Control Pad (Mega Drive)

From Sega Retro

Pad MD JP I.jpg
Fast facts on the Control Pad
Manufacturer: Sega
Made for: Sega Mega Drive
Release Date RRP Code
Sega Mega Drive
1988 ¥2,000 [1] SJ-3500
Sega Mega Drive
1989 $? MK-1650
Sega Mega Drive
1990 £?
Sega Mega Drive
19xx $? 1650-22

The Sega Mega Drive Control Pad (コントロールパッド) is the official controller of the Sega Mega Drive (or Sega Genesis in North America). Three button controllers are known officially as Control Pads in both North America and Europe, and SJ-3500s in Japan (following a system set up by the SG-1000). There are many "updates" and alternatives to this controller, the most notable being the Six Button Control Pad. This article covers only the basic three button variants.

Mega Drive control pads are the logical progression from Master System control pads, replacing 1 and 2 with A and B respectively, while adding an extra two face buttons, C and Start to bring the total number of buttons to four. Also featured is a circular D-Pad, designed to allow for movements in eight directions. Unlike Nintendo's systems, the buttons (or "triggers" as they were initially called) are arranged in alphabetical order from left to right, a practise which would continue not only with future Sega consoles, but would inspire the controllers of the Neo Geo, 3DO and Xbox lines.

Mega Drive controllers are notable for being one of the first control pads to be ergonomically designed for the user's hands. Though improvements were made in the coming years, previous systems had cornered edges with their controllers, meaning they were often uncomfortable to hold after several hours of play. The Mega Drive controller is rounded, and has its buttons placed in easier to reach positions.


Control pads remained mostly the same across regions, but the colouring can determine the region and revision of the accessory. A minor addition added in the early 90s is a little plastic lump on the B button, presumably to help users recognise where their right hand thumb was.

Early versions of this controller used the same internals as the original design, but later models have an improved D-Pad mechanism, employing a metal ball-bearing for the pad to rock on. This prevents wear which plagues the original design, which uses a plastic nub for the rocking motion and will eventually wear down with frequent use.

Technical Information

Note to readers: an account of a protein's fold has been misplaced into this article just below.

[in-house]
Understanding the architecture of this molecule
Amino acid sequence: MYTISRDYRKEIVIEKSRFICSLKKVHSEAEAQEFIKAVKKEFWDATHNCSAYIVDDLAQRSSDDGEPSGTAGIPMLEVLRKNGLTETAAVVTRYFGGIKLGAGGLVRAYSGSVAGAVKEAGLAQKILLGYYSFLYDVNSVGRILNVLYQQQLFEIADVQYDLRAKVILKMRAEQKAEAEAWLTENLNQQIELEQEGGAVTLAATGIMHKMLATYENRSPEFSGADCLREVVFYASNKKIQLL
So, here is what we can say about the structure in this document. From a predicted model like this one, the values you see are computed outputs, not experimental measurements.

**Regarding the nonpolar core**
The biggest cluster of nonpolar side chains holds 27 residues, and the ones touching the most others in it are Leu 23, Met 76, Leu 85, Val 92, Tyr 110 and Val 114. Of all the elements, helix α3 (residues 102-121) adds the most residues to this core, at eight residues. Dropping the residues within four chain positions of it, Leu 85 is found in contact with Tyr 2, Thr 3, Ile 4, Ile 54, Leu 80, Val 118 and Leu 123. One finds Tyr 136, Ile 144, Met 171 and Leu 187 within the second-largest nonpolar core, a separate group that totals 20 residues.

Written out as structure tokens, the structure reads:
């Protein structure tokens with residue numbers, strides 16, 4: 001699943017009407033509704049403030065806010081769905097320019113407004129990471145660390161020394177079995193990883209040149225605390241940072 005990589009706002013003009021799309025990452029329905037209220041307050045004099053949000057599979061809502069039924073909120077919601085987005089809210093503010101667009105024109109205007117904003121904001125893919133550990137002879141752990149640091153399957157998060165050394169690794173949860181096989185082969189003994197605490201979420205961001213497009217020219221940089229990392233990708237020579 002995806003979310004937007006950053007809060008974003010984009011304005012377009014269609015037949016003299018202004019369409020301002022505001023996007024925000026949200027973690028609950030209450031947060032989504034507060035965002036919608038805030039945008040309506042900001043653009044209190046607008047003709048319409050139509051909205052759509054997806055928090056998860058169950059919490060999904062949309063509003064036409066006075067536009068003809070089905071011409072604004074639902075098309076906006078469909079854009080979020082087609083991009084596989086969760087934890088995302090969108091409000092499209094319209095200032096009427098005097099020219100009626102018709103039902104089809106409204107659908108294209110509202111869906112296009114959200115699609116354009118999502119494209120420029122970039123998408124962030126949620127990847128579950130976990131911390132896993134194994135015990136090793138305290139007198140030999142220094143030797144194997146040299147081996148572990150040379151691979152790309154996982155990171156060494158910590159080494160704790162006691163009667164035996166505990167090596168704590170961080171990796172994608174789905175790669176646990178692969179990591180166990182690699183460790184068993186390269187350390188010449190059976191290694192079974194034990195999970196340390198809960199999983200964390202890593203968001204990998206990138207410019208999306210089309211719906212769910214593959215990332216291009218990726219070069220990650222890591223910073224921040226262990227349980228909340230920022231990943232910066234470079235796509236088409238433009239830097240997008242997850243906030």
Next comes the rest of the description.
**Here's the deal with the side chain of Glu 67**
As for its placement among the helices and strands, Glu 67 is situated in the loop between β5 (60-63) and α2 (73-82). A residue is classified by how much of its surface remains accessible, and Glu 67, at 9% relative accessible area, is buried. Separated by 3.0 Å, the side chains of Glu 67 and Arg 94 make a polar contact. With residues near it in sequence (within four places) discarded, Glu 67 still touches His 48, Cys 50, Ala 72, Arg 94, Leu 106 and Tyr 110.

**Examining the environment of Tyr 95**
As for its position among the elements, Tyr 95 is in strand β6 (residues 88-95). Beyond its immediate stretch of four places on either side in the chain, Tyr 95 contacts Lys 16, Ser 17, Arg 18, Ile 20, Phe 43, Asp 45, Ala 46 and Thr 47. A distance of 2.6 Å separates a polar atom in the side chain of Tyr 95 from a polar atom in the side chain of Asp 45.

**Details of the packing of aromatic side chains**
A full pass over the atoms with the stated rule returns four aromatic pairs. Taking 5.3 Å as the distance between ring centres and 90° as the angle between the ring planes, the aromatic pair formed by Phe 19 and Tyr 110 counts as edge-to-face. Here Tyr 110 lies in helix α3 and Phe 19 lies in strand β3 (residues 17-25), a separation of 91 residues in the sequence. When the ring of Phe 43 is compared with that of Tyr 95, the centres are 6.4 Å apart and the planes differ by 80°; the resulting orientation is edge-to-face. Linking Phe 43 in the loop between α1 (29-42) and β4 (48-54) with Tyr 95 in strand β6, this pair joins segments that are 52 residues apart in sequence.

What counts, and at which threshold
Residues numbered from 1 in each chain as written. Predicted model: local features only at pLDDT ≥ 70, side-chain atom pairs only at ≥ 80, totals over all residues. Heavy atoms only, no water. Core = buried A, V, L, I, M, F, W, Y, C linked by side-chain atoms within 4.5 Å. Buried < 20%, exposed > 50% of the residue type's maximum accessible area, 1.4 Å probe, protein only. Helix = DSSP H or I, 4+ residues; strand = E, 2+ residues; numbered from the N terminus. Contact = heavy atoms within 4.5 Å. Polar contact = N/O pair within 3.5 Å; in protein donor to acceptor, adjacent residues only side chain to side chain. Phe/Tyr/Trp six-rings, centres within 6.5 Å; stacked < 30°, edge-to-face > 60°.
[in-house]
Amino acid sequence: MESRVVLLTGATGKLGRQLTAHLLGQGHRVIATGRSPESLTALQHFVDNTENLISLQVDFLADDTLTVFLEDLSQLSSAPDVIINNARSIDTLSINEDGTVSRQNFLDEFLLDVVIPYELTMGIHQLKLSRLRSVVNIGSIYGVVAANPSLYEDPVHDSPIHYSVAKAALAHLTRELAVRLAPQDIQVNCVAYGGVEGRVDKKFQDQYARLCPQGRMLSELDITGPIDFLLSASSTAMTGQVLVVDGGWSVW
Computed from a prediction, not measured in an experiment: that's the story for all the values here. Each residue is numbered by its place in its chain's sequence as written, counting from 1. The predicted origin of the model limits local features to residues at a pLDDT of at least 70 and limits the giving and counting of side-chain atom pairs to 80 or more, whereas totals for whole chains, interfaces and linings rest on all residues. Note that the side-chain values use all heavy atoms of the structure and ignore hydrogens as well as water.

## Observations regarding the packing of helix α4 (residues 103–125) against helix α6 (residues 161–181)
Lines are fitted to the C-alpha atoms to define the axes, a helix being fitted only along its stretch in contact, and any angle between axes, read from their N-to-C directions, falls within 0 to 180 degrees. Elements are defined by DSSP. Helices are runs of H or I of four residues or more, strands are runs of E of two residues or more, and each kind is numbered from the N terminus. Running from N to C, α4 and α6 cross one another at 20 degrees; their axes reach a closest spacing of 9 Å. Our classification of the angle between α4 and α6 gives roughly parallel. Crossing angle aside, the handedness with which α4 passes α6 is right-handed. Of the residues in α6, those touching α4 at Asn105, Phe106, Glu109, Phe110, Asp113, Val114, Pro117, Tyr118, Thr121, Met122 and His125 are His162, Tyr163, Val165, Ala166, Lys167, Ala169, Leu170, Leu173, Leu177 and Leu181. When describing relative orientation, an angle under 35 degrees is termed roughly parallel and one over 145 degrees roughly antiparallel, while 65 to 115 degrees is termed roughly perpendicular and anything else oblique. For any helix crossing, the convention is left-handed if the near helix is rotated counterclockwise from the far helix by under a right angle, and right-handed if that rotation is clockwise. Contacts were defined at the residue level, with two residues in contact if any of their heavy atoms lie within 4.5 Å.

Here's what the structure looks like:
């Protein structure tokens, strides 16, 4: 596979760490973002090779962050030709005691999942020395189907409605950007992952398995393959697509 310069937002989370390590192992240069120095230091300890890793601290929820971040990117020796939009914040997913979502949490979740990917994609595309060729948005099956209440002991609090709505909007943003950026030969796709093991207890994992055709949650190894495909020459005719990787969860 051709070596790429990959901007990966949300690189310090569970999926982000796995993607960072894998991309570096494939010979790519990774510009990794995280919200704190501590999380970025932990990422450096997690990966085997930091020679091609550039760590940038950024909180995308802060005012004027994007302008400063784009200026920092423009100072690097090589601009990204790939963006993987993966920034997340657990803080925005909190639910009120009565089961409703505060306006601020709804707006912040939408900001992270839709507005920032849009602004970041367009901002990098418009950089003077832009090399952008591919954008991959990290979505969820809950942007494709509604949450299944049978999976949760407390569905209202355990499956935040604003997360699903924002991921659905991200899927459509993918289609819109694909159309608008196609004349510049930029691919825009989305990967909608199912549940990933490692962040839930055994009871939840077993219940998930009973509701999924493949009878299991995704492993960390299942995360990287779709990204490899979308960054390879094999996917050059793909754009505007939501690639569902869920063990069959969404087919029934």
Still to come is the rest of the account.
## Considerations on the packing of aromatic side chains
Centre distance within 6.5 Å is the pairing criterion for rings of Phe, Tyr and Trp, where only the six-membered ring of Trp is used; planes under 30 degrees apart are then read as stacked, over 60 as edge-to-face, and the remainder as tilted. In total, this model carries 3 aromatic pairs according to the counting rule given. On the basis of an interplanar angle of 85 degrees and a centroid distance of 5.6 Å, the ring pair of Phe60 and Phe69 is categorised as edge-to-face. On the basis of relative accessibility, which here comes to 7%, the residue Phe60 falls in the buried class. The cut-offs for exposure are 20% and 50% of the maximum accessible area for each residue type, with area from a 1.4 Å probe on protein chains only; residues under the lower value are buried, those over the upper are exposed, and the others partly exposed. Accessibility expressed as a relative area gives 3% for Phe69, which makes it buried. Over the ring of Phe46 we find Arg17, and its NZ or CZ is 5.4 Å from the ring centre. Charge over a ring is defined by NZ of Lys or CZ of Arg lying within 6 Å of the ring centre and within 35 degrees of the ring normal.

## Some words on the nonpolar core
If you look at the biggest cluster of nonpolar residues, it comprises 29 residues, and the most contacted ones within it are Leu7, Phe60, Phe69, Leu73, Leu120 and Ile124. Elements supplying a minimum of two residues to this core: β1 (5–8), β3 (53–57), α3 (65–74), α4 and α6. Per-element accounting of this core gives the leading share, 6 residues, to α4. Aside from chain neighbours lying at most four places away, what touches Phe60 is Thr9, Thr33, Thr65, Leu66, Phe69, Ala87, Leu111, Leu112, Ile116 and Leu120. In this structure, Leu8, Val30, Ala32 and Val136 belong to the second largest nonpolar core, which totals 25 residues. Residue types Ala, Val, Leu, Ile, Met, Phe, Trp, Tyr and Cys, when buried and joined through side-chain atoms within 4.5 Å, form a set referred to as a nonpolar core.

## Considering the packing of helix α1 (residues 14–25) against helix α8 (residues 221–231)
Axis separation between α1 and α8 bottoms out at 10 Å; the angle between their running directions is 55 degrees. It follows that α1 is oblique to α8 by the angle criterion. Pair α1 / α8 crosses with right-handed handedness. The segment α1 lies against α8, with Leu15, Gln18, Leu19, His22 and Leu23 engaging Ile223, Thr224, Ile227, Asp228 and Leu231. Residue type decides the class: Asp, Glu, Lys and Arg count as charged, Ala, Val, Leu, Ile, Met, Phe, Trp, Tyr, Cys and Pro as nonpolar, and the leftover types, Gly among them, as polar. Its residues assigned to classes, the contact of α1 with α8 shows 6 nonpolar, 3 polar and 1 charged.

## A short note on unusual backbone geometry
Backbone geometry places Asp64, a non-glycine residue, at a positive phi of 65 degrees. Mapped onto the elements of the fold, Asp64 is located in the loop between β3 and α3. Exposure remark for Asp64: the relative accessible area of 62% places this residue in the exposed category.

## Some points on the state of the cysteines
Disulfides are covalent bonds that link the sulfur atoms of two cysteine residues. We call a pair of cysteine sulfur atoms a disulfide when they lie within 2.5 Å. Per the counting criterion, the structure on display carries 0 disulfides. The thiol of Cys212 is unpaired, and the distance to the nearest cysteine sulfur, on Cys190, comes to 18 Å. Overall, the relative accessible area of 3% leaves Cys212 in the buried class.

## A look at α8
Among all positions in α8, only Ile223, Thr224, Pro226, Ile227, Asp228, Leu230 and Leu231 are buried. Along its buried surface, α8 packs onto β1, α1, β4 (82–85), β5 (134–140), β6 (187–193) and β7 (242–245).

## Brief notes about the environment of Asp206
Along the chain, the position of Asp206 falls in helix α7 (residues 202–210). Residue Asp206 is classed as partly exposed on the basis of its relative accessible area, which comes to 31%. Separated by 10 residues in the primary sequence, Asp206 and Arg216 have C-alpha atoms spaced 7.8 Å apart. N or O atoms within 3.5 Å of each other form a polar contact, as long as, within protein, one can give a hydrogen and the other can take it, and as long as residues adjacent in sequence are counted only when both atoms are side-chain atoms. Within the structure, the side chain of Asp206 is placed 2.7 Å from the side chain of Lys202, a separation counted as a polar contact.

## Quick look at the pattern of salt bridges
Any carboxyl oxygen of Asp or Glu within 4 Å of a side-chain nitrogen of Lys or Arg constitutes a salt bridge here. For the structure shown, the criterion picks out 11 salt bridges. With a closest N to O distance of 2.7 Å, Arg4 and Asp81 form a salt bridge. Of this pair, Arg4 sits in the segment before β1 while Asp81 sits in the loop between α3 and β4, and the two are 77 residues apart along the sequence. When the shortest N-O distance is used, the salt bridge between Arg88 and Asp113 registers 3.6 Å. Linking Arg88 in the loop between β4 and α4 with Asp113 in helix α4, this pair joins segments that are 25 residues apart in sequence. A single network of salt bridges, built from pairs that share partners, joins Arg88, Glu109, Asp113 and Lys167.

The chip inside the control pad is a 74HC157. This is a high-speed CMOS quad 2-line to 1-line multiplexer. Basically, how this works is there are two inputs ( A and B ) for every output ( Y ). There are four groups like this. There is one select signal for the whole chip. When the select signal is low, the output ( Y ) is the same as input A. When the select signal is high, the output Y is the same as input B. The pinout for the chip is as follows:

Pin 1 Select
Pin 2 1A
Pin 3 1B
Pin 4 1Y
Pin 5 2A
Pin 6 2B
Pin 7 2Y
Pin 8 Gnd
Pin 9 3Y
Pin 10 3B
Pin 11 3A
Pin 12 4Y
Pin 13 4B
Pin 14 4A
Pin 15 G (? must be low)
Pin 16 Vcc (+5V)

All the controls are done with switches. Up is a switch, Down is a switch, etc. Now, I will be referring to the output of these switches later on. The output is usually high when the switch isn't pressed. When the button is pushed, the output goes low. This is accomplished by connecting the output to +5V through a 10k resistor. The button is then attached between the output and ground. It looks like this:

    +5V -----/\/\/------+--------- Output
              10k       |
               /        |
  Ground -----/  -------+
             (normally open)

The line numbers are determined as follows, looking straight at the plug on the front of the Genesis the numbers are:

	1 2 3 4 5
	 6 7 8 9
Line 1 Up output.
Line 2 Down output. These are the only two direct connections.
Line 3 Pin 4 of the chip. Output 1Y.
Line 4 Pin 7 of the chip. Output 2Y.
Line 5 This line carries in +5V. It is connected to the +5V bus line.
Line 6 (TL) Pin 9 of the chip. Output 3Y.
Line 7 (TH) Pin 1 of the chip. This carries in a select signal from the Genesis. This is a signal which varies rapidly and controls which input goes through the output
Line 8 Ground. This is connected to the Ground bus line.
Line 9 (TR) Pin 12 of the chip. Output 4Y.

Now for the chips pin connections:

Pin 1 Line 7 (select)
Pin 2 Ground (1A)
Pin 3 Left (1B)
Pin 4 Line 3 (1Y)
Pin 5 Ground (2A)
Pin 6 Right (2B)
Pin 7 Line 4 (2Y)
Pin 8 Ground (GND)
Pin 9 Line 6 (3Y)
Pin 10 Button B (3B)
Pin 11 Button A (3A)
Pin 12 Line 9 (4Y)
Pin 13 Button C (4B)
Pin 14 Start (4A)
Pin 15 Ground (G)
Pin 16 +5V (Vcc)


Access to controller ports is from bytes $A10003 (controller 1) and $A10005 (controller 2). TH must be set for output and the other pins for input, so bytes $A10009 and $A1000B must be set to $40 to read the respective controller.

Bit 7 6 5 4 3 2 1 0
Pin - TH TL TR R L D U
TH = 0  ? 0 S A 0 0 D U
TH = 1  ? 1 C B R L D U

Bit 7 latches the value written to it. It takes approximately the equivalent of two nop instructions for other types of controllers (such as the six-button controller) to respond to a TH change.

External links

Physical scans

Mega Drive, US (1989)
MDControlPad US 3BV1 Box Back.jpgNospine-small.pngMDControlPad US 3BV1 Box Front.jpg
Mega Drive, US (1992)
ControlPad MD US Box Back 1992.jpgNospine-small.pngControlPad MD US Box Front 1992.jpg
Mega Drive, US (1993)
ControlPad MD US Box Front 1993.jpg
Mega Drive, EU (1990)
MDControlPad EU 3BV2 Box Front.jpg
Mega Drive, EU (1993)
MDControlPadEU93 back.JPGNospine-small.pngMDControlPadEU93 front.JPG
Mega Drive, JP
MDController SJ3500 JP Box Back.jpgNospine-small.pngMDController SJ3500 JP Box Front.jpg
Mega Drive, CA (19xx)
ControlPad MD CA Box Front Old.jpg
Mega Drive, CA (1993)
ControlPad MD CA Box Back New.jpgNospine-small.pngControlPad MD CA Box Front New.jpg
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